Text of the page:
Under Florida law, there are statutes that apply to a death or injury resulting from something known as an attractive nuisance. The definition of an attractive nuisance is relatively simple, as indicated by the name – it means an inherently dangerous physical location or object that may be attractive to children.
Florida's attractive nuisance doctrine provides the legal grounds under which to take action against a property owner, or the owner's managers or representatives, who have not taken steps to eliminate any risk of injury or death of a child caused by an attractive nuisance.
It is important to point out the word ‘child', in that the attractive nuisance doctrine applies only to children, not adults. The thinking there is that a child may not fully understand that a scenario represents something dangerous that may hurt them, but an adult should realize that.
What Exactly is an Attractive Nuisance?
Many folks may remember as a kid, exploring the areas around where you lived with your buddies. You may have ridden your bikes past that old abandoned farmhouse, and always talked about what was inside. At some point, you may have gotten up the courage to go onto the property and get inside, just to see for yourself what was in there.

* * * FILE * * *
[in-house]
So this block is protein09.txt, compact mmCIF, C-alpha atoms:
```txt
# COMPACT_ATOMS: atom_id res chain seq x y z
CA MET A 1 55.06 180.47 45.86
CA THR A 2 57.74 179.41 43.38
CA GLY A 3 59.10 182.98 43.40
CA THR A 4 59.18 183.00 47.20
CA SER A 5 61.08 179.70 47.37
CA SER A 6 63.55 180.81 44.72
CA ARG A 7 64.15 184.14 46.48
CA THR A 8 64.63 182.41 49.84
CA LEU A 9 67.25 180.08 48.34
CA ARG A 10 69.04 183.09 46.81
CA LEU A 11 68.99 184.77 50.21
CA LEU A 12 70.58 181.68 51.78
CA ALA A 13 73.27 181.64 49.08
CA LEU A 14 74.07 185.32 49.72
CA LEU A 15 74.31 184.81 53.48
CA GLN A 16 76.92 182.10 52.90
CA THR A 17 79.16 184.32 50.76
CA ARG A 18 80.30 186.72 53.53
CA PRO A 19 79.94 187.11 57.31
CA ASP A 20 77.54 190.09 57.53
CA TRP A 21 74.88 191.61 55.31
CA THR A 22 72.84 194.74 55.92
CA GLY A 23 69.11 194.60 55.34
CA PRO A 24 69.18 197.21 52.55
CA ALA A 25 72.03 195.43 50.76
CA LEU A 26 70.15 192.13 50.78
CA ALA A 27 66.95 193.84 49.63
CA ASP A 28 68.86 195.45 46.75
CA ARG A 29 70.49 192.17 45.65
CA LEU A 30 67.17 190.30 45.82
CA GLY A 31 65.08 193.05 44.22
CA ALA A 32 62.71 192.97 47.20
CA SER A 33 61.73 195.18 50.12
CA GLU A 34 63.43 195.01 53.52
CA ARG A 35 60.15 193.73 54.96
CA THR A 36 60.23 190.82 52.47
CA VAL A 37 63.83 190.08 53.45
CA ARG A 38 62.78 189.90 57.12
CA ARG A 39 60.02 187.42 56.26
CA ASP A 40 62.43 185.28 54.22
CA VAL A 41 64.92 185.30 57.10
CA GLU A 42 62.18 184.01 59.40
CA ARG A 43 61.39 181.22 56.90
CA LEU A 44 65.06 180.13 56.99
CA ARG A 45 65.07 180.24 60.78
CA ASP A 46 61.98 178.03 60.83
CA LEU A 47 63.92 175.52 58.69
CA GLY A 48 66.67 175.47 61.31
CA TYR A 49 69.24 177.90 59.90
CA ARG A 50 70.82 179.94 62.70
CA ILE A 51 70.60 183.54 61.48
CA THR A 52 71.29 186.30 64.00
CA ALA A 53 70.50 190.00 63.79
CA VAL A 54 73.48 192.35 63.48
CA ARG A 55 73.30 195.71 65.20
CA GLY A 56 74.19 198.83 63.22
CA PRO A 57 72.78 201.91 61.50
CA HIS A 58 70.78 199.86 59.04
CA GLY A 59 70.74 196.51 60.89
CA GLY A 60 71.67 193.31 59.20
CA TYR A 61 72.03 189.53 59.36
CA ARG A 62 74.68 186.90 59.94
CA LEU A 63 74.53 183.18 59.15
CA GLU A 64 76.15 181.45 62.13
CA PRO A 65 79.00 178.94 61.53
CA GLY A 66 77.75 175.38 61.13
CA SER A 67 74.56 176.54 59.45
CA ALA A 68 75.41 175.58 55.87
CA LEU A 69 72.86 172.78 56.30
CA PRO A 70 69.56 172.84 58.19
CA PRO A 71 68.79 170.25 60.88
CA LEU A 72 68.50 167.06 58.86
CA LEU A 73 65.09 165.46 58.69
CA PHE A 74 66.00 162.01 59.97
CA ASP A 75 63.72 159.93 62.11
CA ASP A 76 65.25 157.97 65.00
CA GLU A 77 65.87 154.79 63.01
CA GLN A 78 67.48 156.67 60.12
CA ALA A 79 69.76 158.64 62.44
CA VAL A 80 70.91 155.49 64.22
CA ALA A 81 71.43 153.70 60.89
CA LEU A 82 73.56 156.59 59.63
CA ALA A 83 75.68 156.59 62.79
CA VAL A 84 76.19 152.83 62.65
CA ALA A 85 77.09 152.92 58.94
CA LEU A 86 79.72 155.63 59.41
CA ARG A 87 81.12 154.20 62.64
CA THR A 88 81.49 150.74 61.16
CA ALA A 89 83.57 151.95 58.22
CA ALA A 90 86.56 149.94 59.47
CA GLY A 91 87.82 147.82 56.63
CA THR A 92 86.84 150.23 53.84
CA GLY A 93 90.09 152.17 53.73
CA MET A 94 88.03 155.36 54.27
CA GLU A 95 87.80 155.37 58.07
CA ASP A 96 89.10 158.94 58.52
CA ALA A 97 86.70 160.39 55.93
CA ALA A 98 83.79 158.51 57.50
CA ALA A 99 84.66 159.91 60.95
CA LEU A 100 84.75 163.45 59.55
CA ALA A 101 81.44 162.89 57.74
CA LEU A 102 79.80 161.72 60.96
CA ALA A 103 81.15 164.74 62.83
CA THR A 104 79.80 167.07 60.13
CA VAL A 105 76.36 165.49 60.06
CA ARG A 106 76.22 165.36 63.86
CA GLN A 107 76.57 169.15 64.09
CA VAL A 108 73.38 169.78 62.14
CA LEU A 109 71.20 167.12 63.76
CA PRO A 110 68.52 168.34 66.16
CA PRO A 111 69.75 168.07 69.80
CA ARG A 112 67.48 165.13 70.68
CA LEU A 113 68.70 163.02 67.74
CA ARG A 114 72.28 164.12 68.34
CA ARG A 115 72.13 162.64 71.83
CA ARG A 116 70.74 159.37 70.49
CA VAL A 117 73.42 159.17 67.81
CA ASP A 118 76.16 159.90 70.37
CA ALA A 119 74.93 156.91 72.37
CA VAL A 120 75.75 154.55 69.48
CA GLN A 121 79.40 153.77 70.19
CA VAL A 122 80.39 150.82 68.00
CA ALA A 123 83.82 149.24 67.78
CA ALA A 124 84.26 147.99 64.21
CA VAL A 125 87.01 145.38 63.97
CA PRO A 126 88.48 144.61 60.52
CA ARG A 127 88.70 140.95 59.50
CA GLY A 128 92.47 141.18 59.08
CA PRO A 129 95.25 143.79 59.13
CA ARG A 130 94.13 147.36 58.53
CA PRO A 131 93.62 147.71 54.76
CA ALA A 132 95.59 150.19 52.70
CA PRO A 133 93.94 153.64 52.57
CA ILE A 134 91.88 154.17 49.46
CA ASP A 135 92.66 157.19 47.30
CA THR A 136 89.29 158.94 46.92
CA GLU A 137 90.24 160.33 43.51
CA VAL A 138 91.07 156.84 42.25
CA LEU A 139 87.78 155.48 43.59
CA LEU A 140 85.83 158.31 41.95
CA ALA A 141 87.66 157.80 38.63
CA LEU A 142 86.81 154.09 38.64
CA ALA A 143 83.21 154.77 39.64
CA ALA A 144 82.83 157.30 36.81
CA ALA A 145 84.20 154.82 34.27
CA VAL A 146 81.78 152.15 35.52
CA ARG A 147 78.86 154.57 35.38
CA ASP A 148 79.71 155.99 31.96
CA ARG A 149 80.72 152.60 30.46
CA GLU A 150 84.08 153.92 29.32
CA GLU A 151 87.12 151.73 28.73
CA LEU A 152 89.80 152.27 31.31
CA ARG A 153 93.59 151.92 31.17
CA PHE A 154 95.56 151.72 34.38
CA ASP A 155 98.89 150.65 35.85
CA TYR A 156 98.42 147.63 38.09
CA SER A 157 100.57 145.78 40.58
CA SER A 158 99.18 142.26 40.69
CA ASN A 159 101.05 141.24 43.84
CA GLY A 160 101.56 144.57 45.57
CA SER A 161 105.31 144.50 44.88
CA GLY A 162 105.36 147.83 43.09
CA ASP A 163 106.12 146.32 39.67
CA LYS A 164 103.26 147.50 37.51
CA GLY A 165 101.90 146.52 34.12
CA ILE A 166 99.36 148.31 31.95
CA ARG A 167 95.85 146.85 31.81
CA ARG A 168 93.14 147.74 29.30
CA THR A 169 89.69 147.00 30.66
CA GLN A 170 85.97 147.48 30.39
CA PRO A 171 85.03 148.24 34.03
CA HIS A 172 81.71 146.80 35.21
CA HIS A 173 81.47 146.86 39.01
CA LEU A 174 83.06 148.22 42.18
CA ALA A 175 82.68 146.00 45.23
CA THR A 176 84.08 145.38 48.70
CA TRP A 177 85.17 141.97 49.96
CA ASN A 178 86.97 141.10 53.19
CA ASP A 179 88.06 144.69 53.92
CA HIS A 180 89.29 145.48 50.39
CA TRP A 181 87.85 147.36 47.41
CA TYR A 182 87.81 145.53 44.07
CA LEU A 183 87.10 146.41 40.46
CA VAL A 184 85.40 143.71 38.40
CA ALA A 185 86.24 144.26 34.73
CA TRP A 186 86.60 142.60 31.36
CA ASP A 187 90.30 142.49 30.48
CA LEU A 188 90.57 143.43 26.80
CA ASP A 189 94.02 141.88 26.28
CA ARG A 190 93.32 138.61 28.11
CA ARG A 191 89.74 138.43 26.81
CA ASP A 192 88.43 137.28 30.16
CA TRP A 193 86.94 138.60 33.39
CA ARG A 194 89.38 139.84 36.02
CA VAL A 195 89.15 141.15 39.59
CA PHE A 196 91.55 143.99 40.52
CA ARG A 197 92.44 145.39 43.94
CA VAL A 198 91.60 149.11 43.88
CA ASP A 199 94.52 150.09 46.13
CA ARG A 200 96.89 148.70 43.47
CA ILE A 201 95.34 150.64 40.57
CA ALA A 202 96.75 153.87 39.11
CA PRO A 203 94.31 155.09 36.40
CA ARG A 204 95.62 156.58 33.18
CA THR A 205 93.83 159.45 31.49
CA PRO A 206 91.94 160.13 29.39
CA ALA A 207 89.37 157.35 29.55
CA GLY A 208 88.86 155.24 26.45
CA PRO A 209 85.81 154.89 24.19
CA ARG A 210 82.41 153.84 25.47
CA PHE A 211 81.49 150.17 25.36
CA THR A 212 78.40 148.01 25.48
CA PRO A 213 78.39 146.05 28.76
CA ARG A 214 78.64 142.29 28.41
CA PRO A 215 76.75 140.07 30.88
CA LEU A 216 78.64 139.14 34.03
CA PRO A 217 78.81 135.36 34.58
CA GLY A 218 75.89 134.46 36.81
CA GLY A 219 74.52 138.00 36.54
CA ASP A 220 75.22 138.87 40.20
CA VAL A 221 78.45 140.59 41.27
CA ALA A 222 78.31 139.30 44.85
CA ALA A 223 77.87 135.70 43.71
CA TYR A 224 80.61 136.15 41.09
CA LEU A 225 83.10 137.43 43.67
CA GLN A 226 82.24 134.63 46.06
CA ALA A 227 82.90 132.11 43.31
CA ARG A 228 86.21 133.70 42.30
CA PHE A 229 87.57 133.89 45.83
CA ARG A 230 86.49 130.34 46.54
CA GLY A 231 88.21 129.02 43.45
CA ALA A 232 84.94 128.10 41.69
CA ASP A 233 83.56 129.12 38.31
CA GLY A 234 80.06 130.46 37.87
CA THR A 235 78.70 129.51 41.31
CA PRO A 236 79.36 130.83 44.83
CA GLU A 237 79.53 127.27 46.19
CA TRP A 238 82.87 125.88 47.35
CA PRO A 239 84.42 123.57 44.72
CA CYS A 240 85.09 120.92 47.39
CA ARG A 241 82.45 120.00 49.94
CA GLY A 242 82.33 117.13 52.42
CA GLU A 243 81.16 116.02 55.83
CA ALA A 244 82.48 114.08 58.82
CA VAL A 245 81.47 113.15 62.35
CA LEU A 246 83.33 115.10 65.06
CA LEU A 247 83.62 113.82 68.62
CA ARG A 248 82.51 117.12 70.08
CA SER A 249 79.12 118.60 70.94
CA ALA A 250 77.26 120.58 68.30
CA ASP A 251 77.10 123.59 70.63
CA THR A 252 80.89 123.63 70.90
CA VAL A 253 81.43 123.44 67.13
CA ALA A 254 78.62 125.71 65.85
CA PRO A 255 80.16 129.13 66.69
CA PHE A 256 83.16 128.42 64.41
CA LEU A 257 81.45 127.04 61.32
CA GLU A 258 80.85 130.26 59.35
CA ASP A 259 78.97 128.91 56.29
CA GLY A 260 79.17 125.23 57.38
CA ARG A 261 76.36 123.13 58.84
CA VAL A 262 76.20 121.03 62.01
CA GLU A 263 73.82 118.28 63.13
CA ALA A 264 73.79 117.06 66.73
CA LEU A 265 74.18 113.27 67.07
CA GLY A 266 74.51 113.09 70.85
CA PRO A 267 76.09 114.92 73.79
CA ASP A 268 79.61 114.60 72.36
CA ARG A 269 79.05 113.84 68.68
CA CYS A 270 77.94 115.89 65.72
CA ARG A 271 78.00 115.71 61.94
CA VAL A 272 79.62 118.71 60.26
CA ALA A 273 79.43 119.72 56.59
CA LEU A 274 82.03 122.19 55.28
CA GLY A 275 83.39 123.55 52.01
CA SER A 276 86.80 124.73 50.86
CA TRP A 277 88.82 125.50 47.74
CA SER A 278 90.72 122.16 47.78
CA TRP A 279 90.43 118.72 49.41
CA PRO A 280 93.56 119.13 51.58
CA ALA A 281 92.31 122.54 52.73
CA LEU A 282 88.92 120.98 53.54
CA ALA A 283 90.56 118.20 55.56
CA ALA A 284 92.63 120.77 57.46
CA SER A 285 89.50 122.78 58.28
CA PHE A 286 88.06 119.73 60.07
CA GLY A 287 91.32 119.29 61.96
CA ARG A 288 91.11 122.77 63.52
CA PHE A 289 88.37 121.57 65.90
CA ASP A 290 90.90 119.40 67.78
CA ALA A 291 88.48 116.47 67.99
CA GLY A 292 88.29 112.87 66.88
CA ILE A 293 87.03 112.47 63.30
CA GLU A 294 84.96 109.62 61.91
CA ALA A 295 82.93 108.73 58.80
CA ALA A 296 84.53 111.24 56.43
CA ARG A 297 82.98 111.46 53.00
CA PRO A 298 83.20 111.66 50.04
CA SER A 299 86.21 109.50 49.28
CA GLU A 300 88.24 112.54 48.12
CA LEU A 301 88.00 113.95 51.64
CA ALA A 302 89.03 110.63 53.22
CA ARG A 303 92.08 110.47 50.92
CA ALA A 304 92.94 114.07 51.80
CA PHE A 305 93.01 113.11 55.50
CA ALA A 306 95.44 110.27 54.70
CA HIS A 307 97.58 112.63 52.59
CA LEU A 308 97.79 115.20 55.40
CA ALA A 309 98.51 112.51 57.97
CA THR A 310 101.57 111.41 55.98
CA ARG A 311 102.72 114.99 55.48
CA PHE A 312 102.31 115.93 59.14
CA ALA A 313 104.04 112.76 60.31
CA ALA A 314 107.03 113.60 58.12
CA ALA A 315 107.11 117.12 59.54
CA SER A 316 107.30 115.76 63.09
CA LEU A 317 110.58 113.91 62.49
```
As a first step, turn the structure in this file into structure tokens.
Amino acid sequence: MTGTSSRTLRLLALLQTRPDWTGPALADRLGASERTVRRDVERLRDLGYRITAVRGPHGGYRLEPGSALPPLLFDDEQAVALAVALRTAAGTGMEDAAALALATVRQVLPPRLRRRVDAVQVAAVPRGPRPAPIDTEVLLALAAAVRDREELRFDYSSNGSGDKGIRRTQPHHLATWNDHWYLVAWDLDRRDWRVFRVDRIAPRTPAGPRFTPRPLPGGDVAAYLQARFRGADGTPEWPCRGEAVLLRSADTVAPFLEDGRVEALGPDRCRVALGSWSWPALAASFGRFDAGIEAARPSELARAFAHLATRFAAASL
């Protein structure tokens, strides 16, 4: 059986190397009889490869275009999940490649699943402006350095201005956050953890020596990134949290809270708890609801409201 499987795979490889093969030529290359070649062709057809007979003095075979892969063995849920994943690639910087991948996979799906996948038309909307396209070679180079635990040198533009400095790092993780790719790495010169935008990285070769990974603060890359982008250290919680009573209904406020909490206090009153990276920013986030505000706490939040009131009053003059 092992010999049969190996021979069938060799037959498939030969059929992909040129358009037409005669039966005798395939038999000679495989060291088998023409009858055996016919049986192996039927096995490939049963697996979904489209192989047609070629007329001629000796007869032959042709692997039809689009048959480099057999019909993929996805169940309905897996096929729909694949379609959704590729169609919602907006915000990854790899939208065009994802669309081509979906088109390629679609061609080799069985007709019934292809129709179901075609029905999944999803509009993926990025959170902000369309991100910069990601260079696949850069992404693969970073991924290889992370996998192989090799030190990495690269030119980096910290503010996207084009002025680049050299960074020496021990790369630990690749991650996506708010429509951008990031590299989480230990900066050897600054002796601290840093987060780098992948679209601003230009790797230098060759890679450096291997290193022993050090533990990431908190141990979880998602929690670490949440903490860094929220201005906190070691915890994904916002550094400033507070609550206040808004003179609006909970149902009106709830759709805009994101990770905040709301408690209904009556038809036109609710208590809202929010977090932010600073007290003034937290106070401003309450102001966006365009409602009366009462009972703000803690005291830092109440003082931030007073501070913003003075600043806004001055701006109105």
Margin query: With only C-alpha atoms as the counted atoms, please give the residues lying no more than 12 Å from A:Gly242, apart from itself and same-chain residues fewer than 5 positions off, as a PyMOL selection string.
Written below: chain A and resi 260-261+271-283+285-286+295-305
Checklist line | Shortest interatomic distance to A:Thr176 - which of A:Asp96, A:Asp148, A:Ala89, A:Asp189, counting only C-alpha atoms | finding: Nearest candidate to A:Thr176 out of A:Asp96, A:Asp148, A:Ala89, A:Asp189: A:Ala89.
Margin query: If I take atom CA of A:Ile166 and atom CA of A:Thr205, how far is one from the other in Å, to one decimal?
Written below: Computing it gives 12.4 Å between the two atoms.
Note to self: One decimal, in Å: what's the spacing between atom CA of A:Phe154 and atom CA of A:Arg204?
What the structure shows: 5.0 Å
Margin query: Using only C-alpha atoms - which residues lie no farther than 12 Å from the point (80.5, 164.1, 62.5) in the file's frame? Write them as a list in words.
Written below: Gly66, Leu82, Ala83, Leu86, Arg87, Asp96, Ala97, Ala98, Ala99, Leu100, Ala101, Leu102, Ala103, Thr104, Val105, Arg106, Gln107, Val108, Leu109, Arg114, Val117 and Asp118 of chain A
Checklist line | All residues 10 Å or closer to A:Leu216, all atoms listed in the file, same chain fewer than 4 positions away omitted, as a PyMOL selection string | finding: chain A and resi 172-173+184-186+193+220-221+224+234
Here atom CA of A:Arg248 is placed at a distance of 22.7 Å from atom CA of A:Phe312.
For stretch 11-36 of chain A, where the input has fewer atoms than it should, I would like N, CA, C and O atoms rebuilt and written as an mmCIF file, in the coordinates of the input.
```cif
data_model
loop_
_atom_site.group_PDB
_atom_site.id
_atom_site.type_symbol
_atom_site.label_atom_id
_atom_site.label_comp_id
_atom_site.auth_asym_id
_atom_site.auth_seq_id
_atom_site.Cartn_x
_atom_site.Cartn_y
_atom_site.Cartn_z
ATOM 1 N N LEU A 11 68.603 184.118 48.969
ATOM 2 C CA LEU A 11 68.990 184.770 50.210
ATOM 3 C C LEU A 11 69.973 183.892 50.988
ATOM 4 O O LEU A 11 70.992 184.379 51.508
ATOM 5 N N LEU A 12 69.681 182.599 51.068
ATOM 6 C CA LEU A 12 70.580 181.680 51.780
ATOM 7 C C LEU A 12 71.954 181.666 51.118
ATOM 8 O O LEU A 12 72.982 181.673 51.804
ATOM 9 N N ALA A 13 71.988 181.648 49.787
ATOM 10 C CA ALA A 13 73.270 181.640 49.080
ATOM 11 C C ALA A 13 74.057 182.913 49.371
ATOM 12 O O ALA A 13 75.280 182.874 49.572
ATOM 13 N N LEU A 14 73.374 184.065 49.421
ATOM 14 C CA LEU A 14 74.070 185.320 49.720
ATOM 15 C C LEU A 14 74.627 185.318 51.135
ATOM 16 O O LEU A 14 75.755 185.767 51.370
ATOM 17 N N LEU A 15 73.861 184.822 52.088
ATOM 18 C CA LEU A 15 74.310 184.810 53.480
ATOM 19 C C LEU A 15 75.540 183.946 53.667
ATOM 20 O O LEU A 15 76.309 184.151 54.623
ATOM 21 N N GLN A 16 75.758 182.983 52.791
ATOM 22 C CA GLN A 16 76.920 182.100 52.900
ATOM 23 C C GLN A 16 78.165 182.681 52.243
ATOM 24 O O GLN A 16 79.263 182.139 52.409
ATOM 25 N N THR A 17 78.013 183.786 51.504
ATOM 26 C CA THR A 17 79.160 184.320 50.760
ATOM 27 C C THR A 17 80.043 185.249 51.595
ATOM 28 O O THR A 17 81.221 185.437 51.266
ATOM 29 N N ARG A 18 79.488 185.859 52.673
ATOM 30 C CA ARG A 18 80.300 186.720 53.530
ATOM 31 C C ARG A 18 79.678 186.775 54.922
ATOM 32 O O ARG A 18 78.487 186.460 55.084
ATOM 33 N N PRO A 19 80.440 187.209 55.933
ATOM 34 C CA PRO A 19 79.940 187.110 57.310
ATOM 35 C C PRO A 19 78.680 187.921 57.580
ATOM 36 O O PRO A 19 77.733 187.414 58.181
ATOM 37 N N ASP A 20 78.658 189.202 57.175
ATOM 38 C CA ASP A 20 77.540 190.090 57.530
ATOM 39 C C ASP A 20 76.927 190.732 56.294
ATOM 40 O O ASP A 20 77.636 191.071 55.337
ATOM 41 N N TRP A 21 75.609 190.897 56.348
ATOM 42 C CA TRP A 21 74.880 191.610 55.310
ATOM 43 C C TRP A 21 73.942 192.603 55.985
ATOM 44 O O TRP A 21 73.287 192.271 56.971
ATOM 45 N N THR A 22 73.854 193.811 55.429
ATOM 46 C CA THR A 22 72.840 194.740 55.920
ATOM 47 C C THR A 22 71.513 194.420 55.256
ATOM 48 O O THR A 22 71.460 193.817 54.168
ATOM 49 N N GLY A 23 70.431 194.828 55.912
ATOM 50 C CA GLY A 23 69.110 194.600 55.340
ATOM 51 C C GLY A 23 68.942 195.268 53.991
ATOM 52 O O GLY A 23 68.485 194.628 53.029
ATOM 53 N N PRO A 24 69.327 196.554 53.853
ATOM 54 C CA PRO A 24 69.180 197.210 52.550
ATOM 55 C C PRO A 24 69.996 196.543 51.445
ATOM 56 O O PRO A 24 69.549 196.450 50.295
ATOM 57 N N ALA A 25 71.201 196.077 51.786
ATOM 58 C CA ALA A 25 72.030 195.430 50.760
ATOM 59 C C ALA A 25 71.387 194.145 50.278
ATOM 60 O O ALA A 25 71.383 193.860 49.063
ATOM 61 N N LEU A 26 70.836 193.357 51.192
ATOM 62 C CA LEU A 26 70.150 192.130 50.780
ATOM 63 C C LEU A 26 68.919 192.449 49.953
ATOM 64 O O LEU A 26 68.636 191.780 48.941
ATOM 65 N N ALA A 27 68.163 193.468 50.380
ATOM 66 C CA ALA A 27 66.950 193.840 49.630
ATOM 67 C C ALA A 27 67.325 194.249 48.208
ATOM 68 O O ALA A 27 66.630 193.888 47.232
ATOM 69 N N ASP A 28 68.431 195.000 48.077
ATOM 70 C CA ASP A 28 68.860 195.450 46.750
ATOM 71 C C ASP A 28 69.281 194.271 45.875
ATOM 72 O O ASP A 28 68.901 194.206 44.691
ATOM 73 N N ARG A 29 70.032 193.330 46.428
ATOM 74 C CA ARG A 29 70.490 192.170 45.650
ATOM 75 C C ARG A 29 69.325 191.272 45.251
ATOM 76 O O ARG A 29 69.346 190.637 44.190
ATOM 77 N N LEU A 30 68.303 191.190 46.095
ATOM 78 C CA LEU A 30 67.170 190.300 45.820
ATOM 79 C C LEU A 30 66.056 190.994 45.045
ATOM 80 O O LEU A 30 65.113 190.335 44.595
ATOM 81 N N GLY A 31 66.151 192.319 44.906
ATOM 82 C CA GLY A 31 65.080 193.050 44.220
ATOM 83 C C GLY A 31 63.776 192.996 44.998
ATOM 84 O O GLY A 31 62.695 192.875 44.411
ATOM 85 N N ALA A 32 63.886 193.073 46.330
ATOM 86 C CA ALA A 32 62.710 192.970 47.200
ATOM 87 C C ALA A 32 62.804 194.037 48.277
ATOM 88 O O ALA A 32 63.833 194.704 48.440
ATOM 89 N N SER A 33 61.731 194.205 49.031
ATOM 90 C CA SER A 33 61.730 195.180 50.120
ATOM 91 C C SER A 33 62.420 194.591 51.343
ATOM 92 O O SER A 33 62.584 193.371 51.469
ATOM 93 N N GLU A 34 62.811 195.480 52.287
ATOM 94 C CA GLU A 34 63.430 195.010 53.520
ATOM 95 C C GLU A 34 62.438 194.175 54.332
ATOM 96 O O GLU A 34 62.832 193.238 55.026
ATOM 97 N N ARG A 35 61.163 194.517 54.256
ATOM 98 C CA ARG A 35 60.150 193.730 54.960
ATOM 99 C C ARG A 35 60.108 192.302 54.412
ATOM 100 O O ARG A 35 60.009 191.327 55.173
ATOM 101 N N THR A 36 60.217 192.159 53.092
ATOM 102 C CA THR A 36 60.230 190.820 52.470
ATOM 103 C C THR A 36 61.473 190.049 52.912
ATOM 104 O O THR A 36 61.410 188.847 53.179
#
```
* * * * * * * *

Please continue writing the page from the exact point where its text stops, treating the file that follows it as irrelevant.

A kid's curiosity, even though their parents may have told them repeatedly never to go near that old barn, can often get the better of them. When your buddies are saying you're ‘chicken' for not wanting to go inside, it can put a lot of pressure on a child to show that they're not afraid, and they decide to go inside and check it out.
Let's say the owner of the barn really has not taken any steps to keep people out of the barn. The gate to the fence has been wide open for years, there are no signs warning people to stay out, and the old barn doors are so decayed that there are openings large enough for someone to fit through.
That is an attractive nuisance.
If a child does enter that old barn and ends up suffering a serious injury or even death, a lawsuit could be filed against the property's owner, or their legal representatives.
That property owner can be held liable for the injury or wrongful death, provided certain criteria are found to be evident:
- The property's owner knew, or had reason to believe, that children were likely to trespass on their property.
- The owner knew, or had reason to know, that the property and its condition presented an unreasonable risk of serious injury or death to a child.
- A child would not know about or understand the risks that may be found on that property.
- The burden of removing the danger is slight, compared to the potential risk presented to children.
- The owner failed to exercise reasonable care to address the danger conditions found on the property or otherwise try to prevent any uninvited children from trespassing on the property.
- Here are a few other things that may constitute an attractive nuisance: